Phase-separation physics underlies new theory for the resilience of patchy ecosystems

Koen Siteur, Quan-Xing Liu*, Vivi Rottschäfer, Tjisse van der Heide, Max Rietkerk, Arjen Doelman, Christoffer Boström, Johan van de Koppel*

*Corresponding author for this work

Research output: Contribution to journalArticleScientificpeer-review

7 Citations (Scopus)
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Spatial self-organization of ecosystems into large-scale (from micron to meters) patterns is an important phenomenon in ecology, enabling organisms to cope with harsh environmental conditions and buffering ecosystem degradation. Scale-dependent feedbacks provide the predominant conceptual framework for self-organized spatial patterns, explaining regular patterns observed in, e.g., arid ecosystems or mussel beds. Here, we highlight an alternative mechanism for self-organized patterns, based on the aggregation of a biotic or abiotic species, such as herbivores, sediment, or nutrients. Using a generalized mathematical model, we demonstrate that ecosystems with aggregation-driven patterns have fundamentally different dynamics and resilience properties than ecosystems with patterns that formed through scale-dependent feedbacks. Building on the physics theory for phase-separation dynamics, we show that patchy ecosystems with aggregation patterns are more vulnerable than systems with patterns formed through scale-dependent feedbacks, especially at small spatial scales. This is because local disturbances can trigger large-scale redistribution of resources, amplifying local degradation. Finally, we show that insights from physics, by providing mechanistic understanding of the initiation of aggregation patterns and their tendency to coarsen, provide a new indicator framework to signal proximity to ecological tipping points and subsequent ecosystem degradation for this class of patchy ecosystems.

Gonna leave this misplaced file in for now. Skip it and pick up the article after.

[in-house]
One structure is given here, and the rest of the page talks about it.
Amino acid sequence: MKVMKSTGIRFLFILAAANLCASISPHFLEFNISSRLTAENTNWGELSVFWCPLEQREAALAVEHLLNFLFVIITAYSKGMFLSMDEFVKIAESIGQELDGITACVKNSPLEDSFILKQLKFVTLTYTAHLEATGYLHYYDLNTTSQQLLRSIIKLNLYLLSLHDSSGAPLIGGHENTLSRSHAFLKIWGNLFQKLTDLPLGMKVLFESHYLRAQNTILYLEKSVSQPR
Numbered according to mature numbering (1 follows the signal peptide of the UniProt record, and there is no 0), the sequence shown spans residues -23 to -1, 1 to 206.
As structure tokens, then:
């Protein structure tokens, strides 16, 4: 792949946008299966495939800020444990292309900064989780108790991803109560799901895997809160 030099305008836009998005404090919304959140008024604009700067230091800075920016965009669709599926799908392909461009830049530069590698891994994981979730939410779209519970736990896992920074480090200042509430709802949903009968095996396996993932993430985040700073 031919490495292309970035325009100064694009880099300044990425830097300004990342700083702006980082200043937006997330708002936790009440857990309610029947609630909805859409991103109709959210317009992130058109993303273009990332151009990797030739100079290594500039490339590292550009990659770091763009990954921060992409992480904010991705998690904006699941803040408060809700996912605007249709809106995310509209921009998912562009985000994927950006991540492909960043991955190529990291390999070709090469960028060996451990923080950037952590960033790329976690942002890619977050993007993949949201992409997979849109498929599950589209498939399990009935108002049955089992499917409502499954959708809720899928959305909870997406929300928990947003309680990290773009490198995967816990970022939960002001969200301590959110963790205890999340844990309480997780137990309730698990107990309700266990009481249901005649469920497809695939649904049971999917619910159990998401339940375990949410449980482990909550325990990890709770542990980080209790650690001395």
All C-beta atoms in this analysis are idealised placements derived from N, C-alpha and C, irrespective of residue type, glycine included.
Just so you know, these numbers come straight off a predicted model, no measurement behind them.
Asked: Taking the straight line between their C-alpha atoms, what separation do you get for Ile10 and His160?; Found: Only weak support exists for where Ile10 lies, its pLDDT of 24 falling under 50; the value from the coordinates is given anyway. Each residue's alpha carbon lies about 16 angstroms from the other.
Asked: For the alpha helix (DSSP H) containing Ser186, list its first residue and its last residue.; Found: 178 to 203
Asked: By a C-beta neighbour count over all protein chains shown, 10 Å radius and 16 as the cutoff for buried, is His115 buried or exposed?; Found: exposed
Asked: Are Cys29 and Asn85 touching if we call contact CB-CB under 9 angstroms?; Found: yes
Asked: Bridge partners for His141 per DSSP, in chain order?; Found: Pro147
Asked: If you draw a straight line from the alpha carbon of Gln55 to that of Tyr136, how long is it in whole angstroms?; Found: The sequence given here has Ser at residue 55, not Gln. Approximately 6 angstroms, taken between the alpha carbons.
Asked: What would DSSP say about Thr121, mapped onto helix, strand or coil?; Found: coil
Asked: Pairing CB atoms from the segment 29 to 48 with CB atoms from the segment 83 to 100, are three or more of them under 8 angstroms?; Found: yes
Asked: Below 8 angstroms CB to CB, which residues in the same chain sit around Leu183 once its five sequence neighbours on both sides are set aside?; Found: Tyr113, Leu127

Original languageEnglish
Article numbere2202683120
JournalProceedings of the National Academy of Sciences of the United States of America
Issue number2
Publication statusPublished - 2023
MoE publication typeA1 Journal article-refereed


  • early-warning signals
  • ecosystem resilience
  • pattern formation
  • self-organization


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